Language selection

Search

Search

(advanced search)
Advanced Search Options

Search Results

362 results returned for First World War
Dreadful Living Conditions

Dreadful Living Conditions

Mr. Henley discusses being filthy, living with louse infested rats, and having last dibs on rations if you were in the front line.

Kilts Were Dreadful

Kilts Were Dreadful

Mr. Henley describes two major issues with kilts. The first was that lice thrived in a kilt's seams, and the second was that mud froze to a kilts tail, thus badly chafing its wearer's legs.

Canadians

Canadians

Mr. Henley discusses inadequacies of Canadian gear: tunics that weren't practical or warm, the Ross rifle which jammed after a few shots, and boots and leather belts which rotted in the wet conditions.

Creeping Barrage At Vimy Ridge

Creeping Barrage At Vimy Ridge

Mr. Henley gives an excellent description of the logistics and technique of the creeping barrage and its overwhelming success at Vimy Ridge.

The Somme Was A Killing Ground

The Somme Was A Killing Ground

Mr. Henley describes how the Germans set their barbed wire in such a way that Allied soldiers were lured towards enemy machine gun positions, and describes the resulting carnage.

Joining The Quebec Regiment

Joining The Quebec Regiment

Mr. Henley describes his transfer from a mounted to infantry regiment, and the shocking difference between the two uniforms.

Sailing To England

Sailing To England

Mr. Henley describes sailing to England aboard the SS Welshman during which he is in charge of the mules and horses, for which he receives premium pay. An offer of extra money to clean the ship afterward is ungraciously declined.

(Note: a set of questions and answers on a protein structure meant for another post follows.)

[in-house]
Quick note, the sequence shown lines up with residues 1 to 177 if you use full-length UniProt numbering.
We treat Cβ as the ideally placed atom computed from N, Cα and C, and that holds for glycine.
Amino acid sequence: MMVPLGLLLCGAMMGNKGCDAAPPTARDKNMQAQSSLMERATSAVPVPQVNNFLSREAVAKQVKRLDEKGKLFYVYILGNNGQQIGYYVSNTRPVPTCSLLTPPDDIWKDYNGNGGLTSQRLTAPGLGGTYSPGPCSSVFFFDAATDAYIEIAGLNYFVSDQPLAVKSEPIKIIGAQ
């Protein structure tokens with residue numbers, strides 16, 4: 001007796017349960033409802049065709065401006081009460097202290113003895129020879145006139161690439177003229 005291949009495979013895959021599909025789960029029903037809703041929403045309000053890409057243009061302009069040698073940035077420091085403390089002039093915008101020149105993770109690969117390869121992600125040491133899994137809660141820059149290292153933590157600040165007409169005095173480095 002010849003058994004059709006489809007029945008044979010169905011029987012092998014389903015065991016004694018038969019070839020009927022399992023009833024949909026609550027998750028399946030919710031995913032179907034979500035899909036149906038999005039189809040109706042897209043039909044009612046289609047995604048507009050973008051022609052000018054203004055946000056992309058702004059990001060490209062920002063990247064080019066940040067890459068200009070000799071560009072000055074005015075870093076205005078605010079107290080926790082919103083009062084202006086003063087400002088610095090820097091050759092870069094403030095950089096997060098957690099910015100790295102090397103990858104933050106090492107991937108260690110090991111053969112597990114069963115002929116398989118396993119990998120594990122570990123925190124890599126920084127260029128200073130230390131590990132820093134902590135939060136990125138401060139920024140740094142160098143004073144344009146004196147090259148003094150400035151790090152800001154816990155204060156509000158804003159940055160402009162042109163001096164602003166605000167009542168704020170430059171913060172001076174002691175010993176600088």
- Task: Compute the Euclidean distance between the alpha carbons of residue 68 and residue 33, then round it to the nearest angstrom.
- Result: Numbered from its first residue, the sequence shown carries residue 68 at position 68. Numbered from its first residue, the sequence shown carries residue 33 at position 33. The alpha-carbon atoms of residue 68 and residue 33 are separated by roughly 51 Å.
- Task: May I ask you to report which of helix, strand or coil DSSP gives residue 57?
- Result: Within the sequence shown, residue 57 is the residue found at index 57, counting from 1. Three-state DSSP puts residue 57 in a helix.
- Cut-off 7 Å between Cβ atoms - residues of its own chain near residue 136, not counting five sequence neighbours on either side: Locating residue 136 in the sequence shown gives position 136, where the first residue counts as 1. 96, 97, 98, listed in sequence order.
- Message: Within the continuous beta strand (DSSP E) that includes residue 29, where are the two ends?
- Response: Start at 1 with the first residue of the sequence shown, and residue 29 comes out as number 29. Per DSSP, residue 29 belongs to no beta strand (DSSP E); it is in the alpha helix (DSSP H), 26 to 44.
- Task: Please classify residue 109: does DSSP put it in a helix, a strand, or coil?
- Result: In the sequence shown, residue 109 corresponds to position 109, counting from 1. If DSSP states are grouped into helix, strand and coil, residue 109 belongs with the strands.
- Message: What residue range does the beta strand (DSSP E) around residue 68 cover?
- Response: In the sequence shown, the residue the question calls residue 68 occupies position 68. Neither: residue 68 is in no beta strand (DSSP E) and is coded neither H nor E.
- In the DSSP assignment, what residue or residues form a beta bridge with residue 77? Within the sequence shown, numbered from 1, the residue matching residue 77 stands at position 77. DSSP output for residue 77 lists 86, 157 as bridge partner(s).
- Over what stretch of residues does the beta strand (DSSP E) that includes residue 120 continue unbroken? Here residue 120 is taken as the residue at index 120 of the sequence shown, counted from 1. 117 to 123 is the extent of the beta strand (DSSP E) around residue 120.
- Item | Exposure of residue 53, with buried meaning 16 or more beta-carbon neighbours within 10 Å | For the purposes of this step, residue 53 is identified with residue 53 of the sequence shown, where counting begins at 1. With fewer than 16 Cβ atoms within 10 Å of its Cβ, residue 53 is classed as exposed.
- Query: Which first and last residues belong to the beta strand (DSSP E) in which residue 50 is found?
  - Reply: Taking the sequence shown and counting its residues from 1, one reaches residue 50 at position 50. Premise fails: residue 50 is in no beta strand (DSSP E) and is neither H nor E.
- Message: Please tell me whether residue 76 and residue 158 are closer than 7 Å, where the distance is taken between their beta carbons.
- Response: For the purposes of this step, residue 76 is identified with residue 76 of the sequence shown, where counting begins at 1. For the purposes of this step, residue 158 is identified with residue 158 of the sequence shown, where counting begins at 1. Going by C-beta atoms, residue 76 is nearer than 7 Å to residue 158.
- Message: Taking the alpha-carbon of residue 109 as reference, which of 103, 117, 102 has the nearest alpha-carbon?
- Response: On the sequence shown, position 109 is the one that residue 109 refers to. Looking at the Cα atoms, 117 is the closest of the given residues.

Railway Battalion in France

Railway Battalion in France

Mr. Martin briefly describes how the allies narrow gauge railway tracks were laid, and how numerous shell holes limited the range of the lines.

German Citizens were Welcoming and Cooperative.

German Citizens were Welcoming and Cooperative.

Mr. McLeod discusses the Army of Occupation being billeted in German homes during the winter. He describes sharing food with civilians and, in his case, feeling welcomed like family by his German hosts.

Armistice and Six Days Grace

Armistice and Six Days Grace

Mr. McLeod describes the six day withdrawal grace period granted to the German army after the Armistice. As the Allies advance to occupy Germany, they almost catch the Germans.

German Tears Over a Cheap Watch

German Tears Over a Cheap Watch

Mr. McLeod describes taking a number of German prisoners during an advance. He takes a cheap watch from a prisoner, who cries over the loss. Mr. McLeod reminds the captive that the outcome for him could have been far worse.

Rest Area Shelled

Rest Area Shelled

Mr. McLeod describes being on rest leave behind the lines, and the camp being struck by German artillery. Several deaths occur because of the shelling.

Date modified: